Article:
Cystic fibrosis (CF) is a genetic disease that causes lung infections and other abnormalities which lead to premature death. Thousands of different genetic mutations have been identified as being responsible for CF, and recently scientists have developed new drugs that are effective for patients with some of the mutations. By identifying specific genetic defects in CF patients and developing therapies that can be deployed to those individuals who can best respond, medical research has given new hope to CF patients. This is one of an increasing number of examples of precision/personalized medicine (PM).
Precision medicine focuses on the goal of developing tailor-made treatments based on the genetic makeup and other individual characteristics of the particular patient being treated. Instead of the “one size fits all” paradigm, physicians choose treatments that are customized to the patient after consideration of their genetic, environmental and behavorial characteristics. Its aim is to move away from treatments designed to work for the “average patient”, which are successful for some but not all, and to develop treatments and prevention strategies that take into account differences in people’s genes, environments and lifestyles.
This approach has been further extended by some to systems medicine (SM) in which interventions are designed even before disease manifests. In SM, the strategy is to accumulate all the molecular, clinical and other personal data about the individual, and use this to provide advice on optimizing health. Systems medicine pioneers propose the creation of personal “dense, dynamic data clouds” by collecting multiple (billions) data points from each individual, and analyzing these data for any evidence of disease or disease risk.
The overall goal is to improve healthcare and health by moving from a system that reacts to diseases in a generic way to an approach that is “predictive, preventive, personalized and participatory”.
PM and SM have generated global excitement. The European Union established the European Alliance for Personalized Medicine in 2012 with the aim to accelerate the development, delivery, and uptake of personalized healthcare. The same year, the UK founded the National Phenome Centre as a premier source for metabolic phenotyping. In the US, the National Institutes of Health is leading a national, large-scale PM study, called All of Us Research Program, which aims to “engage one million or more volunteers living in the US to contribute their health data over many years to improve health outcomes, fuel the development of new treatments for disease, and catalyze a new era of data-based and more precise preventive care and medical treatment.” In addition, many US universities and public and private research centers have developed their own PM or SM research programs and studies.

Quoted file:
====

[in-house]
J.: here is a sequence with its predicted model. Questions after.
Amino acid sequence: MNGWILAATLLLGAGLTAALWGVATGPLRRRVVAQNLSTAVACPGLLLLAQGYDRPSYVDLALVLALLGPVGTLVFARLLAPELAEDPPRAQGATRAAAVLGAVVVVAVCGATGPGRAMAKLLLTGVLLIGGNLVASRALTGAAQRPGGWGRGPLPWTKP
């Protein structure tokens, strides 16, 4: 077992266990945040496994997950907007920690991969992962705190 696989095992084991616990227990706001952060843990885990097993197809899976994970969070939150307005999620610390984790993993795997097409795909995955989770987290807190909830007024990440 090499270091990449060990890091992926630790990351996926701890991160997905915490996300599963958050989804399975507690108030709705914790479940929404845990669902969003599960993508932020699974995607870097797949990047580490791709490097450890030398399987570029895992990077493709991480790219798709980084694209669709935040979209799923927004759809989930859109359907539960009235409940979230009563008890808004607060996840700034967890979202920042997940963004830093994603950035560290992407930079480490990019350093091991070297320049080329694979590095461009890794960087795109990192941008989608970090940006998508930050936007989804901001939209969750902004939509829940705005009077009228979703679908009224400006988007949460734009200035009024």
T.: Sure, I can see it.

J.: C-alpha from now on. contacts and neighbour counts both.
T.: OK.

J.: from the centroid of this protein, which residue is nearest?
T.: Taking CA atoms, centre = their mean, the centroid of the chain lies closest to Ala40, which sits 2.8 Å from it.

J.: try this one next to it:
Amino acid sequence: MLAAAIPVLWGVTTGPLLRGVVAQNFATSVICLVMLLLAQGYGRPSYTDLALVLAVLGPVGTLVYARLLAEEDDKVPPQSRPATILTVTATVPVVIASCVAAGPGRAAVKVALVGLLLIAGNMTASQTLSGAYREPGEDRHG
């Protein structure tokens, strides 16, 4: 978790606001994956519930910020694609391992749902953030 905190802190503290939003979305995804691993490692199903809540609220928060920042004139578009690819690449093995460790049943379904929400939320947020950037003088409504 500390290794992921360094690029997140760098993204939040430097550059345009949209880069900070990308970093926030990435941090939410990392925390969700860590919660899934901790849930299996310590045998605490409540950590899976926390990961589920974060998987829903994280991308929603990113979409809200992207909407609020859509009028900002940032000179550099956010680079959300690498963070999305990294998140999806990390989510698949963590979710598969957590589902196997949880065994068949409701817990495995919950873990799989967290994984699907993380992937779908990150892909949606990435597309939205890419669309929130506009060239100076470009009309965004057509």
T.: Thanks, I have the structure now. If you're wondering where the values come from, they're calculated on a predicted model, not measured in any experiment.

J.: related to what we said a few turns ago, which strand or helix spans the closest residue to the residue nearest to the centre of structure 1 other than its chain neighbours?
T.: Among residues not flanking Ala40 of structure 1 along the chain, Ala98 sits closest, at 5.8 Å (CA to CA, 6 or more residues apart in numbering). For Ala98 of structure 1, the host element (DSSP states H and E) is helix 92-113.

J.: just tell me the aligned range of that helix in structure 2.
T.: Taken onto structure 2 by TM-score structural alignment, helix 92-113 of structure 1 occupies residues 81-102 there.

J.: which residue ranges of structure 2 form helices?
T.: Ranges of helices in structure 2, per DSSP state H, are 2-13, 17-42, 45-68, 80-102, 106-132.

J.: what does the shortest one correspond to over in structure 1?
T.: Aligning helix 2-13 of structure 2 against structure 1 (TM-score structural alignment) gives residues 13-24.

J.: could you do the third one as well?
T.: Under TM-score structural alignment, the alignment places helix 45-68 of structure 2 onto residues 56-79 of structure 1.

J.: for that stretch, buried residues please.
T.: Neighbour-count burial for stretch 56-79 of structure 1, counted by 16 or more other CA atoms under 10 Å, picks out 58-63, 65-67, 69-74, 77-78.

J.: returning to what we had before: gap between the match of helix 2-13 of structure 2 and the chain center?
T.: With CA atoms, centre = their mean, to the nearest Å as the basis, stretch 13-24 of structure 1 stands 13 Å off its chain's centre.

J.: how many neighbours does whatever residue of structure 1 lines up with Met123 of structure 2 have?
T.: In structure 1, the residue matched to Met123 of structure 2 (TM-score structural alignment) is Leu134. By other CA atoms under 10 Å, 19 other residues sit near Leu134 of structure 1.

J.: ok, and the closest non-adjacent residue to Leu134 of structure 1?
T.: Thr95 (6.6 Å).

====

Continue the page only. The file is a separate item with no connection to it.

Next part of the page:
PM and SM face challenges. Both rely on the gathering and sharing of personal data from large numbers of patients and healthy people. This raises potential privacy and discrimination issues. Another obstacle is the development of fast computing and other technologies needed to facilitate the analysis and interpretation of huge volumes of data and which can be scaled as projects evolve from pilot studies to include virtually all of the population. A third challenge, which pertains to all biomedical research endeavors, is the need to develop better biological models of disease to identify modifiable targets. These approaches require educating the general population so that they are empowered to make good decisions for their health. Finally, future medical professionals will need to be trained to have the new skills needed for PM and SM. As Leroy Hood, (a winner of the 1987 Albert Lasker Basic Medical Research Award, who spoke to us for this issue of the Lasker newsletter) noted in his interview:
“…one of the big challenges is going to be education. If you really want to have a 21st-century medical school, you want to start with your freshman class.”
PM and SM are new ways of thinking about improving the health of all. They have the potential of increasing the effectiveness of therapies and reducing unnecessary side effects. They may even have the potential to prevent disease or stop its progression early on. But if we are to achieve this new vision for more patients and develop effective, tailored interventions for more diseases, sustained investment in biomedical research will be key.